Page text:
In physics, a force is any interaction that, when unopposed, will change the motion of an object. In other words, a force can cause an object with mass to change its velocity (which includes to begin moving from a state of rest), i.e., to accelerate. Force can also be described intuitively as a push or a pull. A force has both magnitude and direction, making it a vector quantity. It is measured in the SI unit of newtons and represented by the symbol F.
The original form of Newton's second law states that the net force acting upon an object is equal to the rate at which its momentum changes with time. If the mass of the object is constant, this law implies that the acceleration of an object is directly proportional to the net force acting on the object, is in the direction of the net force, and is inversely proportional to the mass of the object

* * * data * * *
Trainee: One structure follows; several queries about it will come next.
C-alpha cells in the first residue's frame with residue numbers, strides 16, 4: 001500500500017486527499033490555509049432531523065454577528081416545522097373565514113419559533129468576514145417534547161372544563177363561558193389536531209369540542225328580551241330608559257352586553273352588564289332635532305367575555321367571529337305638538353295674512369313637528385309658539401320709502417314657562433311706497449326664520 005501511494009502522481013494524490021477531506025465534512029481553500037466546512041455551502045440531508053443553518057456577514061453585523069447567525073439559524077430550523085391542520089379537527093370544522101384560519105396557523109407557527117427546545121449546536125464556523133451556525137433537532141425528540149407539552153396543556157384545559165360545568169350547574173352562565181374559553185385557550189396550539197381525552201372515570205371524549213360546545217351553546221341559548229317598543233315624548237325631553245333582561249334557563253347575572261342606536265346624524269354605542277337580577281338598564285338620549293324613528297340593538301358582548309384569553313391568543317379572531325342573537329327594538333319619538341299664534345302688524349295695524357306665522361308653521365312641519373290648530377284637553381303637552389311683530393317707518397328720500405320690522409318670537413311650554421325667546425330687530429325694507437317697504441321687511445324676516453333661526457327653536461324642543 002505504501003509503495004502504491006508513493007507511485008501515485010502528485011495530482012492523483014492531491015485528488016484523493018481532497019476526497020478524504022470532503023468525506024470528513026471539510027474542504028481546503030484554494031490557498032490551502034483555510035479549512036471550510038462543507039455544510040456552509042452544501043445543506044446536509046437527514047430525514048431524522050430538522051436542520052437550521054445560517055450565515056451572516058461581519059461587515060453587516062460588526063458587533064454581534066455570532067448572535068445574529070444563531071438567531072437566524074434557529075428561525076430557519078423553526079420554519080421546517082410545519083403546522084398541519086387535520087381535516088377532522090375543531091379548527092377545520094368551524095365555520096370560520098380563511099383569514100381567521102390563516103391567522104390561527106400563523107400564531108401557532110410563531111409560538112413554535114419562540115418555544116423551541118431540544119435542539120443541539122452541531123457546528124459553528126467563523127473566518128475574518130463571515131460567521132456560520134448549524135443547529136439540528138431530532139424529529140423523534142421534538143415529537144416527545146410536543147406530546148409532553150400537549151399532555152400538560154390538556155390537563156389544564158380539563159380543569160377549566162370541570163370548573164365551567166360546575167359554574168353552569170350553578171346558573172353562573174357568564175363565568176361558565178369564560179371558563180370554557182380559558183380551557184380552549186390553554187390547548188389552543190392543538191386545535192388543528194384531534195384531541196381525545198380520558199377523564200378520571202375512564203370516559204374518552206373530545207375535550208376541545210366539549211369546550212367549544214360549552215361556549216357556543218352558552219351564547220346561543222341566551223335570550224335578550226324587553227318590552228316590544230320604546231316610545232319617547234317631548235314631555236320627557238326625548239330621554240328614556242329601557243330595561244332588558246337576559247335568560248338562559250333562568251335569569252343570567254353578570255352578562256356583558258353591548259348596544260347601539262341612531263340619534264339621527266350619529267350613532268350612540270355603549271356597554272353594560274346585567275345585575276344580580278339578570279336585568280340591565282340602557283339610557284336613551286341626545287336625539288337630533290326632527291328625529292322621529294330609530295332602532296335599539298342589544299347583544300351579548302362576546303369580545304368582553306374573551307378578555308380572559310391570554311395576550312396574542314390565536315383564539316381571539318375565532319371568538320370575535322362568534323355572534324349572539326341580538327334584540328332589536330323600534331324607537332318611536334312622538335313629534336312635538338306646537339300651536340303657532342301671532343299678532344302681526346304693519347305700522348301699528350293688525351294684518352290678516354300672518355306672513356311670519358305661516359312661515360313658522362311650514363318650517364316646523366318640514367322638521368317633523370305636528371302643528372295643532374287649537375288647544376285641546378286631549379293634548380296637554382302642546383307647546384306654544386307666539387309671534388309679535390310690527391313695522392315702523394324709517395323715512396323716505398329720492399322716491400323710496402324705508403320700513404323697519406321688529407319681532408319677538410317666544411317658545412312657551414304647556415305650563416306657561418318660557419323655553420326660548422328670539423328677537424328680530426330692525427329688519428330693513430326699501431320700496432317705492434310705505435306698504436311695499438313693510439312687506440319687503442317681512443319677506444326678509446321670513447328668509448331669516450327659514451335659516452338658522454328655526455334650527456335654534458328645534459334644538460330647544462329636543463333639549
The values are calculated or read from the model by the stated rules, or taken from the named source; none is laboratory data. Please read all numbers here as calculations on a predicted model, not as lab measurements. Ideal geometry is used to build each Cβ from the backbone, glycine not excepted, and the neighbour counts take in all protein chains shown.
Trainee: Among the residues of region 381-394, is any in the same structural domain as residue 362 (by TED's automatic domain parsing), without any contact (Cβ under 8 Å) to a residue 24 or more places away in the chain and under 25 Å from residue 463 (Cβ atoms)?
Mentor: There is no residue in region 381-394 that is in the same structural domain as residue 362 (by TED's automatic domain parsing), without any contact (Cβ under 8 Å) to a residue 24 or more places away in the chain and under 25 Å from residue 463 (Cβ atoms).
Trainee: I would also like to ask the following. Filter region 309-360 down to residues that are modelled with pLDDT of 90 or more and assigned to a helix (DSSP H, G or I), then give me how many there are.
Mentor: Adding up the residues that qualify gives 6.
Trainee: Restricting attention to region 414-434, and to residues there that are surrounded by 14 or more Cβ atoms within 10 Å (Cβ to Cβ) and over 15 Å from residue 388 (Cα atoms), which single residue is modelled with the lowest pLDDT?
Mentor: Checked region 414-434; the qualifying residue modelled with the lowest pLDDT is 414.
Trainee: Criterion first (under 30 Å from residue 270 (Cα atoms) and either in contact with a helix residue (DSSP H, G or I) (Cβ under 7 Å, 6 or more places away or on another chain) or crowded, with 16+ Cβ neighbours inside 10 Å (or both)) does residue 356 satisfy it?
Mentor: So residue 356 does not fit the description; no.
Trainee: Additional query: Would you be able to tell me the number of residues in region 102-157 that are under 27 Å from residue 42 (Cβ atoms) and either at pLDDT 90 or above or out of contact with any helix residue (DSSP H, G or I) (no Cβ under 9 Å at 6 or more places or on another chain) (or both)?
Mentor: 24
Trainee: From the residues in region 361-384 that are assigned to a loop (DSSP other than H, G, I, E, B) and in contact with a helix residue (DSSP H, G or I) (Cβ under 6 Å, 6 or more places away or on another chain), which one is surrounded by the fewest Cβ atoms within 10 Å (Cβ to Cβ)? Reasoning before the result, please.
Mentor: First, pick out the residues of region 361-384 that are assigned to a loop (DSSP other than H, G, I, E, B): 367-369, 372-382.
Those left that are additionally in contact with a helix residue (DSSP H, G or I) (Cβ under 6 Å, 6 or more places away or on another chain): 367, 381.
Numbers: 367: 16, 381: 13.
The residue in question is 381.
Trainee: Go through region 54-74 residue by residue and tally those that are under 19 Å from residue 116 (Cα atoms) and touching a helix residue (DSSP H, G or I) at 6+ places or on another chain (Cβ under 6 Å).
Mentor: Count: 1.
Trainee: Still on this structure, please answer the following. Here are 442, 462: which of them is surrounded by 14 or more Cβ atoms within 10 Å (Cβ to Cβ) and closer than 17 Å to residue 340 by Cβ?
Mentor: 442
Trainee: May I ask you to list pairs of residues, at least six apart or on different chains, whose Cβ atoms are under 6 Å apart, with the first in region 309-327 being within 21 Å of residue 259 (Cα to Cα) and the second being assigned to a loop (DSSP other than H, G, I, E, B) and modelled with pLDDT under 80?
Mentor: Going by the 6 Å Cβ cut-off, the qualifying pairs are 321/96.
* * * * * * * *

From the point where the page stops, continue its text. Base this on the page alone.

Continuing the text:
Related concepts to force include: thrust, which increases the velocity of an object; drag, which decreases the velocity of an object; and torque, which produces changes in rotational speed of an object. In an extended body, each part usually applies forces on the adjacent parts; the distribution of such forces through the body is the so-called internal mechanical stress. Such internal mechanical stresses cause no accelation of that body as the forces balance one another. Pressure, the distribution of many small forces applied over an area of a body, is a simple type of stress that if unbalanced can cause the body to accelerate. Stress usually causes deformation of solid materials, or flow in fluids.